3. shouldernoun

    A cut of meat comprised of the upper joint of the foreleg and the surrounding muscle.

    Etymology: From sholder, shulder, schulder, from sculdor, sculdra, from *, of uncertain origin. Perhaps related to skelduz, see shield. Cognate with skuldere, scholder, schouder, Schulter.

  4. shouldernoun

    The portion of a garment where the shoulder is clothed.

    Etymology: From sholder, shulder, schulder, from sculdor, sculdra, from *, of uncertain origin. Perhaps related to skelduz, see shield. Cognate with skuldere, scholder, schouder, Schulter.

  5. shouldernoun

    The portion of a hill or mountain just below the peak.

    Etymology: From sholder, shulder, schulder, from sculdor, sculdra, from *, of uncertain origin. Perhaps related to skelduz, see shield. Cognate with skuldere, scholder, schouder, Schulter.

  6. shouldernoun

    The lateral protrusion of a hill or mountain.

    Etymology: From sholder, shulder, schulder, from sculdor, sculdra, from *, of uncertain origin. Perhaps related to skelduz, see shield. Cognate with skuldere, scholder, schouder, Schulter.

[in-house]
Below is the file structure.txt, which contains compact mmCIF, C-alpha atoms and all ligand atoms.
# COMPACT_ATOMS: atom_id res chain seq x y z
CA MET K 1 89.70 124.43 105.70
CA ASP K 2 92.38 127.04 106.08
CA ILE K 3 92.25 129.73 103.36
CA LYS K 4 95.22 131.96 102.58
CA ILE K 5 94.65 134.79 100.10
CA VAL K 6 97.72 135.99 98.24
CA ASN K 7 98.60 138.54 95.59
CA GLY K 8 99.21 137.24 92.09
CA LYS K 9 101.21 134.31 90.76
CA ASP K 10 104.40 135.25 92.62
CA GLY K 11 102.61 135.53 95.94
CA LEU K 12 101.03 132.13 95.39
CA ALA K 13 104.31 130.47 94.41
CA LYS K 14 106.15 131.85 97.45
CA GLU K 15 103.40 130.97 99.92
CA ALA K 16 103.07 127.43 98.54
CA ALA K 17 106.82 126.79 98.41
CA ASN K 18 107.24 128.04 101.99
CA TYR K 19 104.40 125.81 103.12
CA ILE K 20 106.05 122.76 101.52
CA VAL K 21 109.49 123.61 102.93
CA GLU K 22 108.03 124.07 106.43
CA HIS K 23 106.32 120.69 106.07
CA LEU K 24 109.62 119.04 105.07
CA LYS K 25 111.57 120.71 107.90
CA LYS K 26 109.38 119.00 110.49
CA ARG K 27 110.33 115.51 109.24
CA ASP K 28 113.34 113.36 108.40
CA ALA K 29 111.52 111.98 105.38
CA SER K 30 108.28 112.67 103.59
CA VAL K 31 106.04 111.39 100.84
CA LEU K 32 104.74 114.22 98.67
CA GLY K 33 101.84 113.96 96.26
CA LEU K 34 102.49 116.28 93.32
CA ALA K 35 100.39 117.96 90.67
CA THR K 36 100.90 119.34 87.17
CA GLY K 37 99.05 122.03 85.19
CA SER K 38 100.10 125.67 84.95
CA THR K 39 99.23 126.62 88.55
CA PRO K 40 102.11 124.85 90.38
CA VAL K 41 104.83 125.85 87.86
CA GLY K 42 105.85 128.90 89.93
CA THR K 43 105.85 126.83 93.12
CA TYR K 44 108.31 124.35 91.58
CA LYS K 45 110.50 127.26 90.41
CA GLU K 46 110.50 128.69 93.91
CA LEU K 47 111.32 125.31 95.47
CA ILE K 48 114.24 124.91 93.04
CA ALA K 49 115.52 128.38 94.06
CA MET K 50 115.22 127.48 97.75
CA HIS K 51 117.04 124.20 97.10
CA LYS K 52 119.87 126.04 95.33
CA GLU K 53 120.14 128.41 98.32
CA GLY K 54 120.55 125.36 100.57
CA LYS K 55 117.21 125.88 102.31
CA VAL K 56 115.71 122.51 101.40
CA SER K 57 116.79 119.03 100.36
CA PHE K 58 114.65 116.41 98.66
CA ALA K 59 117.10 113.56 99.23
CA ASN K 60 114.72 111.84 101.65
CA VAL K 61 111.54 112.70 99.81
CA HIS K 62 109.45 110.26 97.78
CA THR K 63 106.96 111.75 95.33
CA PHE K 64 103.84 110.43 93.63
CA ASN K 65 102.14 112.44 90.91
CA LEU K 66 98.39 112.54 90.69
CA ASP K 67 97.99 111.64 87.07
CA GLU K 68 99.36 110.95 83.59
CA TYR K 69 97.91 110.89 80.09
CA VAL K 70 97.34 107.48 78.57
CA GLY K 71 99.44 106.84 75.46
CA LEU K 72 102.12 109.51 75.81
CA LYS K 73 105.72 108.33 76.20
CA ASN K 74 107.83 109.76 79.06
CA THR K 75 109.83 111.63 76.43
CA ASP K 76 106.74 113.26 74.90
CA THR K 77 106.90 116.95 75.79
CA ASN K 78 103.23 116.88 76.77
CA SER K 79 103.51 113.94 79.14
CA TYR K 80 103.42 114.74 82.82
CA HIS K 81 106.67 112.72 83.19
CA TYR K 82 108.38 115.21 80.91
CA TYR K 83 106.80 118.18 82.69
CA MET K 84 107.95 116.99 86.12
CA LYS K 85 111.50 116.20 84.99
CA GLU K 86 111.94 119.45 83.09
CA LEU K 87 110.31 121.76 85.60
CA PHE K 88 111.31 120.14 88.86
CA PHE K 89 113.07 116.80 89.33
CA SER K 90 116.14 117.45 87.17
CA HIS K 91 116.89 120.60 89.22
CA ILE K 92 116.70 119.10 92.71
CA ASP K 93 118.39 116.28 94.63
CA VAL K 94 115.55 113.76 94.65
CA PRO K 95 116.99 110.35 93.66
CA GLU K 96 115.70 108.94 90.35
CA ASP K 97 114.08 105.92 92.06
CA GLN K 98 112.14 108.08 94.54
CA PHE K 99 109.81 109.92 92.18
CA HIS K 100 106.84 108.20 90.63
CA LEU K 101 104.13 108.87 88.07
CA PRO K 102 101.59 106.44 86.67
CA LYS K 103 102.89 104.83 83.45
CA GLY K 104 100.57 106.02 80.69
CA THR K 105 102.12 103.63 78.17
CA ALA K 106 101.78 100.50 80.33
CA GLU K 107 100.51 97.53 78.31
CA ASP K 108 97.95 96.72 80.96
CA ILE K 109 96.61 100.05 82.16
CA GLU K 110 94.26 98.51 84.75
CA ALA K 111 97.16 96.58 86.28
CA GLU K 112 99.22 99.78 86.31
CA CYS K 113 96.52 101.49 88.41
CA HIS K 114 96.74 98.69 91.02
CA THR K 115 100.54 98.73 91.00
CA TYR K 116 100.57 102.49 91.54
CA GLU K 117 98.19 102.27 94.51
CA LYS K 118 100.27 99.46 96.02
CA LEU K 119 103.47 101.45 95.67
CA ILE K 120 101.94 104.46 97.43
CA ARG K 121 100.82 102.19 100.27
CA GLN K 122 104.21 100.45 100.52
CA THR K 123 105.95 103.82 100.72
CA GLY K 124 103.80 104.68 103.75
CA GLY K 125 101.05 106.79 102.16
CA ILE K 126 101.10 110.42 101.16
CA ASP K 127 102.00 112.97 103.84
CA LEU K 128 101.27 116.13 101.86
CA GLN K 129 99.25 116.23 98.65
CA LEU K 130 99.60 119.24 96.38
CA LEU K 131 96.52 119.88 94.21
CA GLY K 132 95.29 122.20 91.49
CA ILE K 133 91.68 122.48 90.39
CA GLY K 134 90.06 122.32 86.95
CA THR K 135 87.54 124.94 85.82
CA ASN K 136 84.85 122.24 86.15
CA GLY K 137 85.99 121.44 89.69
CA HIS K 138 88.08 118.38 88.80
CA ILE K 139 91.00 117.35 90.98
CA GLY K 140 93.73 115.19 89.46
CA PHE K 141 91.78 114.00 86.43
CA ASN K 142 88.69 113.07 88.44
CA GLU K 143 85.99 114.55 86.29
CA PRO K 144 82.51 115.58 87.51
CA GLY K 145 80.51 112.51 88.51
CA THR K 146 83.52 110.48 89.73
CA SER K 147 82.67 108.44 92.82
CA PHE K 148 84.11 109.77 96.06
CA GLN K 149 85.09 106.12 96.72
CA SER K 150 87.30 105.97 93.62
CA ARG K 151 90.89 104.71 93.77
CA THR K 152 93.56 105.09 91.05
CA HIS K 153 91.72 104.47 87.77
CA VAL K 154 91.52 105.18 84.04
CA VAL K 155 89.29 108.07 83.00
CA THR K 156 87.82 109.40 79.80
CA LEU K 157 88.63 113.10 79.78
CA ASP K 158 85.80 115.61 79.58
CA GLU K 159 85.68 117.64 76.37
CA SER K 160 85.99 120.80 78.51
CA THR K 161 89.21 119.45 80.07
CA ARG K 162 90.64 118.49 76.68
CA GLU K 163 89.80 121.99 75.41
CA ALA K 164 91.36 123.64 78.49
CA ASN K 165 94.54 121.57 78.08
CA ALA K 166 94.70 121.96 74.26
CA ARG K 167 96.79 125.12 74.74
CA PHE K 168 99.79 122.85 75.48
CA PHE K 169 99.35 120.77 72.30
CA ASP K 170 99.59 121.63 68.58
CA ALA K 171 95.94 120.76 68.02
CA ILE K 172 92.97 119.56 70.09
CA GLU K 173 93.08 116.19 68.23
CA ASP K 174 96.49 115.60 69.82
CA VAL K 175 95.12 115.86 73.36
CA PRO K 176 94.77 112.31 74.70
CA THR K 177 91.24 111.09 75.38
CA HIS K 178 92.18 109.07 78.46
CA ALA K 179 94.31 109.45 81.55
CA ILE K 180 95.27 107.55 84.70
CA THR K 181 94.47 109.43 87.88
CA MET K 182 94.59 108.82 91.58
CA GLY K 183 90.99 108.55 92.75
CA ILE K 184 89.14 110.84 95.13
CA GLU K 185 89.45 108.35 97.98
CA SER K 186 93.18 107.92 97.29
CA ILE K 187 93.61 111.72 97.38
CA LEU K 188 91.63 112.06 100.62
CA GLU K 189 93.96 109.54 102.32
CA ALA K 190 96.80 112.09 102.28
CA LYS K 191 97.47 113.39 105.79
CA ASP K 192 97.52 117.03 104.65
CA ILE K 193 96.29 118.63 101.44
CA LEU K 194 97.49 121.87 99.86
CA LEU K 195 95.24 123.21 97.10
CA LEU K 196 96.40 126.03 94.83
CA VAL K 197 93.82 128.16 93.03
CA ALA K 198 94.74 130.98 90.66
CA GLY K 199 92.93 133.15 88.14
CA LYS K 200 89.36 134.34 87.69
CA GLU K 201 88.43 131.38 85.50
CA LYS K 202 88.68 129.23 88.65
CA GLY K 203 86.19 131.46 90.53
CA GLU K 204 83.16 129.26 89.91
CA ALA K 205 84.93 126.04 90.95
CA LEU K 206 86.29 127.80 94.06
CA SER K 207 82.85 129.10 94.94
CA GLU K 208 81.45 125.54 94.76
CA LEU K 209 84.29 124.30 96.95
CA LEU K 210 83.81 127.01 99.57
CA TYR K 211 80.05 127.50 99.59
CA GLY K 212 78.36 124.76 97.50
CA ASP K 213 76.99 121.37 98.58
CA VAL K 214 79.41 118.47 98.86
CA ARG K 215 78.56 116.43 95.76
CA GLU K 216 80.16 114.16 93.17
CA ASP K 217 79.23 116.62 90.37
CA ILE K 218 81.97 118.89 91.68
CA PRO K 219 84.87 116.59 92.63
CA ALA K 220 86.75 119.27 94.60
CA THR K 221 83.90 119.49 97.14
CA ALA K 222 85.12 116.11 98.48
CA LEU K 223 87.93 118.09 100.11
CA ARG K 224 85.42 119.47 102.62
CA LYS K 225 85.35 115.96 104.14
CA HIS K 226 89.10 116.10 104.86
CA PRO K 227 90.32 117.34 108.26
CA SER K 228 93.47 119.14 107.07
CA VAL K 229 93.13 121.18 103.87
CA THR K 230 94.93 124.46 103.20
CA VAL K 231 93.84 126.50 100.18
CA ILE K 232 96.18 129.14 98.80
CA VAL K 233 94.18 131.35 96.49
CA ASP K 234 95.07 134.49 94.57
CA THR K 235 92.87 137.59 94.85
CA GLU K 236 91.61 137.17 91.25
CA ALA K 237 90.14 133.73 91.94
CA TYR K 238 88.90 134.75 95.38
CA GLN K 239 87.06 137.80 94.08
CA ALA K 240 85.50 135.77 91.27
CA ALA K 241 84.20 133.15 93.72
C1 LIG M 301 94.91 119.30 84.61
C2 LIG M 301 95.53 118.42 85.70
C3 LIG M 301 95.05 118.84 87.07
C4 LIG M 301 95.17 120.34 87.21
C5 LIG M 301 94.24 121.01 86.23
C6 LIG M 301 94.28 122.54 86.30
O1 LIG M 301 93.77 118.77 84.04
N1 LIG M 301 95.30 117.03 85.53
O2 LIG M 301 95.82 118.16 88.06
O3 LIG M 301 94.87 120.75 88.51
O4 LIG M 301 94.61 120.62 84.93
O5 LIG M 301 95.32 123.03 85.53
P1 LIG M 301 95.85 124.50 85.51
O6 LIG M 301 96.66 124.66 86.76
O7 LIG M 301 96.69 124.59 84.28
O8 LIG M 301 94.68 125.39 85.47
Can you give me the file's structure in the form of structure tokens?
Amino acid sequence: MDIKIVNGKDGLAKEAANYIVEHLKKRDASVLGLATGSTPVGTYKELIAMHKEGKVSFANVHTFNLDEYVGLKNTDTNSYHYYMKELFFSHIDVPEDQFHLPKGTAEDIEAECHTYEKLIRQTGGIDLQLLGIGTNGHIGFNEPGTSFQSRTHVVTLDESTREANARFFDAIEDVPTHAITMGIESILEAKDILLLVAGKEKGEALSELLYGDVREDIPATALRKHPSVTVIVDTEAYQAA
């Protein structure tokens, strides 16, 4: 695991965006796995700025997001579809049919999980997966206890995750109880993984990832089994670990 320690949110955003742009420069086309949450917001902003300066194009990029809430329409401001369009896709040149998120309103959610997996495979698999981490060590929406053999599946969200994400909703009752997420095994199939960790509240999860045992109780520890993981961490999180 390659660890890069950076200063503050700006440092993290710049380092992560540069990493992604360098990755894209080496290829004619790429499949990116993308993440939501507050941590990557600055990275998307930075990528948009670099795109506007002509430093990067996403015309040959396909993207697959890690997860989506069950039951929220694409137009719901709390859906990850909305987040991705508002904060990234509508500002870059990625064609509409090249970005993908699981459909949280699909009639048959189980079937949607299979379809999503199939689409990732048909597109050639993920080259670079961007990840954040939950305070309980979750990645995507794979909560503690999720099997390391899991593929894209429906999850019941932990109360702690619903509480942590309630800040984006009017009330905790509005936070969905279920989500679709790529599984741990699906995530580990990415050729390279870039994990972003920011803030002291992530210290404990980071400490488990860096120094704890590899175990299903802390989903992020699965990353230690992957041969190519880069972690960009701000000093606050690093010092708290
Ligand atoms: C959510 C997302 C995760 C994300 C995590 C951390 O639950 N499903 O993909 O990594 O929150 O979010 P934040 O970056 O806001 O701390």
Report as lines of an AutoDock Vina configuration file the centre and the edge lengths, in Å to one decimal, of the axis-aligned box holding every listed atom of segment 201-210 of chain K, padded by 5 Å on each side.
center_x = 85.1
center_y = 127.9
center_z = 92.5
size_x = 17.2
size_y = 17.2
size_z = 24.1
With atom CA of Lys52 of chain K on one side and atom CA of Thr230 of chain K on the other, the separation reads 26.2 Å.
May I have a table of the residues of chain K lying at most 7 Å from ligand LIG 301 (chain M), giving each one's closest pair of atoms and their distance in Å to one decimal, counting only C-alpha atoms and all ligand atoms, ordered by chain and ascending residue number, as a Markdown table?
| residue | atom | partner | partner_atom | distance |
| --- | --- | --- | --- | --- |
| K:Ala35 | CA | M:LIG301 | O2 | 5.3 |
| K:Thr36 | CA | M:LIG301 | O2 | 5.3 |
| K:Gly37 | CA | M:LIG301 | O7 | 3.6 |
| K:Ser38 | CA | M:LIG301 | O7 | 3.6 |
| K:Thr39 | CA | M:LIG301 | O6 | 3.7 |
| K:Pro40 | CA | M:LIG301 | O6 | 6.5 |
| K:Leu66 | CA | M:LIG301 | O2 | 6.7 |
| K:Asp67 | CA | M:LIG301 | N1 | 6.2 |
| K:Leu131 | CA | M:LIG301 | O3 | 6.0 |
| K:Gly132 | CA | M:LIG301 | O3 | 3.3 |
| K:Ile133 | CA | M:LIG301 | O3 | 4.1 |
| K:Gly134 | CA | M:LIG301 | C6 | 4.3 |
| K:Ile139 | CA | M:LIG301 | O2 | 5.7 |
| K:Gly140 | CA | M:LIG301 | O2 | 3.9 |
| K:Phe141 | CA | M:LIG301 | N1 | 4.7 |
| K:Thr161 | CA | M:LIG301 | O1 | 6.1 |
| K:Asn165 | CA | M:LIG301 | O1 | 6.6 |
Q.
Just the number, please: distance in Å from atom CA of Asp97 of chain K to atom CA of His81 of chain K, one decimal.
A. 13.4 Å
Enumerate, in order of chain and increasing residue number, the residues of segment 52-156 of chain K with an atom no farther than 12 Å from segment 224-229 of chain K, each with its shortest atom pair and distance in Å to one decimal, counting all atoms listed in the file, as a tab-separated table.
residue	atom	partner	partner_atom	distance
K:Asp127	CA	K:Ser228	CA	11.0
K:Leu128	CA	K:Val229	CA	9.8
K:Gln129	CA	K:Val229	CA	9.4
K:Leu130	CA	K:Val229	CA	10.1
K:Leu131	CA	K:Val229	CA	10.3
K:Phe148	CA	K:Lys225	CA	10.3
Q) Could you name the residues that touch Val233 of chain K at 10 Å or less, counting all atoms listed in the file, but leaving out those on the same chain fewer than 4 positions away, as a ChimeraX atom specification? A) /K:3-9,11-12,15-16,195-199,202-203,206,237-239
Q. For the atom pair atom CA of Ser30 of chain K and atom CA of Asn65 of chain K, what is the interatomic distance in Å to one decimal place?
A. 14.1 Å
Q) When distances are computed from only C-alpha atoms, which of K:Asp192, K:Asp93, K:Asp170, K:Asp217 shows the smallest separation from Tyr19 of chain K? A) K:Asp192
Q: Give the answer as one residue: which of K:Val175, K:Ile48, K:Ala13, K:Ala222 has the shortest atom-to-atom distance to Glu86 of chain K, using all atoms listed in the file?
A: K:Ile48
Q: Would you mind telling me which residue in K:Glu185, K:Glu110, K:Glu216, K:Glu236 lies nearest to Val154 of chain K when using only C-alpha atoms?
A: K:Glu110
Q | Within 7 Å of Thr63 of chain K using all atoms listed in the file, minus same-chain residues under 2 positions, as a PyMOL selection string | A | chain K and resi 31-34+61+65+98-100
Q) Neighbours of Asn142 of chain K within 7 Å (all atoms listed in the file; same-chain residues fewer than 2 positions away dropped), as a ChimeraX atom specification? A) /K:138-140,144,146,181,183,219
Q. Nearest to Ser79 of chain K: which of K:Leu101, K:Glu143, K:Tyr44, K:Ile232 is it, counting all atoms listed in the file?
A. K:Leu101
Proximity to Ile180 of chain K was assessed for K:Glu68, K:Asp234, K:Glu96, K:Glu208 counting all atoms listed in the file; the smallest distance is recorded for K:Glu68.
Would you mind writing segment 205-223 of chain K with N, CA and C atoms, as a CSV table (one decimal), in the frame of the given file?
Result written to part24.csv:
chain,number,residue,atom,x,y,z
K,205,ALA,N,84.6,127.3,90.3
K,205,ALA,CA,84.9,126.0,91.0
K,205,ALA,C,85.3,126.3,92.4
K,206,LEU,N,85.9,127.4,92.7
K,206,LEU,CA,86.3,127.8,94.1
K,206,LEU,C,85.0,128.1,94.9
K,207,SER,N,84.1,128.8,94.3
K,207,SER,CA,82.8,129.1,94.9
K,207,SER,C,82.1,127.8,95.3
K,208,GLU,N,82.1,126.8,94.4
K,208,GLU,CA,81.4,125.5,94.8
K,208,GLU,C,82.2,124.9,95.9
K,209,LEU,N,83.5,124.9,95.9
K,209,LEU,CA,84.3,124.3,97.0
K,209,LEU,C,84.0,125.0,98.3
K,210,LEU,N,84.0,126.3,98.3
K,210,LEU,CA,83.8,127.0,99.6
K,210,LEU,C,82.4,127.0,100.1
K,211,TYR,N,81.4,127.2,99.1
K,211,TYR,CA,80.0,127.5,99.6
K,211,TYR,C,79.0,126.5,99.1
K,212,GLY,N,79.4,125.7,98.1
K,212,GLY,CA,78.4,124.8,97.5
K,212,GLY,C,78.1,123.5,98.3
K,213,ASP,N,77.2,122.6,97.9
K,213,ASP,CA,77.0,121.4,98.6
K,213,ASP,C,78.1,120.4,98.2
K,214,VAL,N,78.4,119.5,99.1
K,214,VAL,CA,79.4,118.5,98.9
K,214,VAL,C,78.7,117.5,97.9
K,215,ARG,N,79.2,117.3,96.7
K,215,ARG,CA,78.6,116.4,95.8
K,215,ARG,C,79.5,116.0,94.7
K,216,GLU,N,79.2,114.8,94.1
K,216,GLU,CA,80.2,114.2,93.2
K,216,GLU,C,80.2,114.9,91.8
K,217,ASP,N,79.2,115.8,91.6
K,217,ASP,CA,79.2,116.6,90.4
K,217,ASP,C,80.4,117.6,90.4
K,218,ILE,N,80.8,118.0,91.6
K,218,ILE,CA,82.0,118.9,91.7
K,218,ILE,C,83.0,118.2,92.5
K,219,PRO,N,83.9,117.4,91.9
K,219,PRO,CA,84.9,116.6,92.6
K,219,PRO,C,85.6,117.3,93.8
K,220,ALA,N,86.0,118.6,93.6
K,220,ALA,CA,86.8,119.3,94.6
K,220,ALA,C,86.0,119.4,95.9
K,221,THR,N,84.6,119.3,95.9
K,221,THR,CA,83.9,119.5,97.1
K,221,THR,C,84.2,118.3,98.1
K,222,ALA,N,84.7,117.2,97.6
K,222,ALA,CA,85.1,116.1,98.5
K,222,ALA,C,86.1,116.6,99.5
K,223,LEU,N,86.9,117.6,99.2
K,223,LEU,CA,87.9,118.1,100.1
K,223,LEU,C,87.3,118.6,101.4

7. shouldernoun

    (printing) The flat portion of type that is below the bevelled portion that joins up with the face.

    Etymology: From sholder, shulder, schulder, from sculdor, sculdra, from *, of uncertain origin. Perhaps related to skelduz, see shield. Cognate with skuldere, scholder, schouder, Schulter.

  8. shouldernoun

    (music) The rounded portion of stringed instrument where the neck joins the body.

    Etymology: From sholder, shulder, schulder, from sculdor, sculdra, from *, of uncertain origin. Perhaps related to skelduz, see shield. Cognate with skuldere, scholder, schouder, Schulter.